It was a steep hill to climb, this opening night staging of Seussical : Hold the attention of several hundred mainly adult patrons through 27>"/>
It was a steep hill to climb, this opening night staging of Seussical: Hold the attention of several hundred mainly adult patrons through 27 musical numbers based on the work of the world's most famous rhyming children's book writer, whose "plots" often appear laced with LSD. And for the first eight numbers, with nary a narrative thread to cling to, the scrappy, mostly junior high-aged Our Lady of the Lake grade school players fought with all their theatrical might to keep co-producer Margaret "Dicki" Donahue Franklin's (Dicki is my aunt) and set design assistant Hank Franklin's (Hank is Dicki's husband, my uncle by marriage, and my former Little League baseball coach) wildly ambitious production from careening off the rails.
Thankfully, the cast succeeded, and by the time the play's two leads -- Horton the Elephant, played with steely reserve by Jamie Hayes, and JoJo, the intellectual pulse of the play embodied with pitch perfect passion by Becky Franklin (Becky, Dicki and Hank's 8th grade daughter, is my cousin) -- took the stage for a gorgeous duet of "Alone in the Universe," the train held firm to the center of the track, and began to gain some serious momentum. In lesser hands, Seussical boasts the potential to be a sprawling, schizophrenic monstrosity. Its success hinges almost entirely on whether or not its cast can deliver spectacular performances. And on this quiet Wedgwood evening, spectacular performances arrived right on time.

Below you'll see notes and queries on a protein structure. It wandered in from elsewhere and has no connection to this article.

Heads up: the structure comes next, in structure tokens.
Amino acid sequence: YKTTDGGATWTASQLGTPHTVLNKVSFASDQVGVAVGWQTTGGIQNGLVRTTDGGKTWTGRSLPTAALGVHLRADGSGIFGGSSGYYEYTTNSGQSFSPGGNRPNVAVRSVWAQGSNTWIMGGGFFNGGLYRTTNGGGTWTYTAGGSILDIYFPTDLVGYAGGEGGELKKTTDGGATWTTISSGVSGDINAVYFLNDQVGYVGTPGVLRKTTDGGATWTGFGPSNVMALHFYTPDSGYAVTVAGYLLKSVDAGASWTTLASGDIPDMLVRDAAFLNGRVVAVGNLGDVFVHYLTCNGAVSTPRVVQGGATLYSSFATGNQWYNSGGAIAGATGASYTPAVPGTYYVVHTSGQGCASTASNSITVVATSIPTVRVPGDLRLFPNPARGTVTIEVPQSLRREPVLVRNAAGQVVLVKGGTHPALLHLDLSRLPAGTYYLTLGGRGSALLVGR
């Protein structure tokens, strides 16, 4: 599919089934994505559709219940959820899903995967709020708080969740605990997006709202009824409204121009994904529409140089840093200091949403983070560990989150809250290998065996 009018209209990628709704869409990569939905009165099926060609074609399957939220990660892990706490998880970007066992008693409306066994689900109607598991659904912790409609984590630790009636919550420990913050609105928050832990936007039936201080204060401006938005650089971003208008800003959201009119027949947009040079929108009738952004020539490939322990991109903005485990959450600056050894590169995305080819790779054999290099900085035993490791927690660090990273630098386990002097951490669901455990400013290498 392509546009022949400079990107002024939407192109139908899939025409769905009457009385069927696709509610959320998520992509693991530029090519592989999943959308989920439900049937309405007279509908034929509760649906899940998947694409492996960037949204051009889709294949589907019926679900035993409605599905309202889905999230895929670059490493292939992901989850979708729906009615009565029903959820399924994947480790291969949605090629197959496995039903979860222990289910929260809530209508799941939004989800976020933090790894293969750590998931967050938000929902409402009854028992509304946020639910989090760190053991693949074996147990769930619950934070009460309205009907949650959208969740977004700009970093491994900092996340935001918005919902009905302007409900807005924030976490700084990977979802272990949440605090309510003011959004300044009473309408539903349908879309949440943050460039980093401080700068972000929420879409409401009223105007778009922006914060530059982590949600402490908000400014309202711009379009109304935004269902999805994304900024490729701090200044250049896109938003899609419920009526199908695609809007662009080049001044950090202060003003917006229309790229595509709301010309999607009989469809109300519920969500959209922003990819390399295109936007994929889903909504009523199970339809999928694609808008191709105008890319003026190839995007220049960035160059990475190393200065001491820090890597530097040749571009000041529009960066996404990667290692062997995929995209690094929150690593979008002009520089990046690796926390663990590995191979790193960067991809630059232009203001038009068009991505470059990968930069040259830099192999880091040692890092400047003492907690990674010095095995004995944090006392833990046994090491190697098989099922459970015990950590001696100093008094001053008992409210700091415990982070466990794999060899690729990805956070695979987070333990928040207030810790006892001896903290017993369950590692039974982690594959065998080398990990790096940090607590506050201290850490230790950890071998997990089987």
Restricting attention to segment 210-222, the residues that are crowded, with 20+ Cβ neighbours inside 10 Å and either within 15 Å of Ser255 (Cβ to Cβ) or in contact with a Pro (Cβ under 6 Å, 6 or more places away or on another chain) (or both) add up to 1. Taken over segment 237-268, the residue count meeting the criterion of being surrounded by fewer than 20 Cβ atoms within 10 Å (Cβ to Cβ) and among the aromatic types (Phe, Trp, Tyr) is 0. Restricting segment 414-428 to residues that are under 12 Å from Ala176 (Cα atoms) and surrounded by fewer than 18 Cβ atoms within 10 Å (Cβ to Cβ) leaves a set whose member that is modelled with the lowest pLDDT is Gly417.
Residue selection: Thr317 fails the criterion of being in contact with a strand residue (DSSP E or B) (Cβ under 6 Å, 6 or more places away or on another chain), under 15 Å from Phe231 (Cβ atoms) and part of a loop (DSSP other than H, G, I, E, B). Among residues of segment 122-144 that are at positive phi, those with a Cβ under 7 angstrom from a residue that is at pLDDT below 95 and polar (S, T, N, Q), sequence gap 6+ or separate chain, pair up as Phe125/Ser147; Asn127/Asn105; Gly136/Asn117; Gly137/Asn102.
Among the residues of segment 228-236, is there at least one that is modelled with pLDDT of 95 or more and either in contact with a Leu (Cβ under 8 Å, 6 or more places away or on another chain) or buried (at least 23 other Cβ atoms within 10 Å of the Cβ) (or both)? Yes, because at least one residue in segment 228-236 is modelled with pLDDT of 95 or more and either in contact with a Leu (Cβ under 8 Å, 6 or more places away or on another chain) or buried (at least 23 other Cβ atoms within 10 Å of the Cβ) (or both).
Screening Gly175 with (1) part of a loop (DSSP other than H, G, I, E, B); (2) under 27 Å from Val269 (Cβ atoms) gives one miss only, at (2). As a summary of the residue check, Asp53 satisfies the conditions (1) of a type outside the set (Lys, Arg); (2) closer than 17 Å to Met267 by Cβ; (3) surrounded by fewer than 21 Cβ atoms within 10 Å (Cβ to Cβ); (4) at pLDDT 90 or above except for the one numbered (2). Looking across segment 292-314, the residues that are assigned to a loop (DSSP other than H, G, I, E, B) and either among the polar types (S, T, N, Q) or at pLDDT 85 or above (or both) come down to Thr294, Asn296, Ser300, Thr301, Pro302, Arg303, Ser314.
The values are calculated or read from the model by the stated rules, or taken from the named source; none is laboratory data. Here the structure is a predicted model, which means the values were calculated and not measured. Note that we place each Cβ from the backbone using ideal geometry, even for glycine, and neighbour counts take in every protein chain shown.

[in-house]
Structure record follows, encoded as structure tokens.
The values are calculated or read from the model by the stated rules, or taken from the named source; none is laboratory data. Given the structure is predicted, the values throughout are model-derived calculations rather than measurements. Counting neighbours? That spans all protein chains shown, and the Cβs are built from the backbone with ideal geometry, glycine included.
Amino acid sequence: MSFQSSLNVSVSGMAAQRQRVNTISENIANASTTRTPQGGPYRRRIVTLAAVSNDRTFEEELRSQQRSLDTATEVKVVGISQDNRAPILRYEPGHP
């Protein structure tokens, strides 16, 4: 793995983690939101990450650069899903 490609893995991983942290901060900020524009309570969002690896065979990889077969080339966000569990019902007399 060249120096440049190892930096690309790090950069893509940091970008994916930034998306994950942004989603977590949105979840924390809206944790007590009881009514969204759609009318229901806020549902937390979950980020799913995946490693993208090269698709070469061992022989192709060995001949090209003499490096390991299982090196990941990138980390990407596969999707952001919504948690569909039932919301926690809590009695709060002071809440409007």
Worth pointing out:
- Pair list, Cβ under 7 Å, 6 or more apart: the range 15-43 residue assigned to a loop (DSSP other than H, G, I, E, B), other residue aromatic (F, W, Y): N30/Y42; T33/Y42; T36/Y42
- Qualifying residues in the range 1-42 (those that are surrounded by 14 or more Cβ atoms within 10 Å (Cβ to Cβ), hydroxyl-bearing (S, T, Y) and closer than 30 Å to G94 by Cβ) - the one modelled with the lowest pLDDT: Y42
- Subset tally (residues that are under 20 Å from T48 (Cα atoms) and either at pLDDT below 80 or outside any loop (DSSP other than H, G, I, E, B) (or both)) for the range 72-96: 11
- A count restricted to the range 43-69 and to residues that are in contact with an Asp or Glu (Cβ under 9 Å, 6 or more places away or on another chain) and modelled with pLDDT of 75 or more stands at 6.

Stephanie Rex smoldered as Mayzie. Colleen Baardse's Gertrude conjured a young Lucille Ball. Ann Franklin (Becky's fraternal twin sister, also my cousin) played Mrs. Mayor with Helen Mirren-like reserve opposite Marco Rodriguez's deliciously flamboyant Mr. Mayor. And the Wickersham brothers, played by Joe Throckmorton, Austin Kimerer and Walther Funsinn, nailed the gangly dexterity that defines monkeys in the wild (a good thing: the Wickershams are monkeys).
But as with every good basketball or Iditarod sled dog team, this Seussical would not have reached such a sublime level without the understated chameleonlike brilliance of one Patrick Franklin (Becky and Ann's brother: they're triplets), who took on no less than five roles -- including the Grinch -- as the play's emotional anchor of few words. Any actor can flail about noisily (see: Robin Williams) -- it's the mark of a true thespian who can become one with the scenery. Patrick Franklin is such a thespian, and if his castmates bring home the hardware come Tony night, his performance should not be forgotten.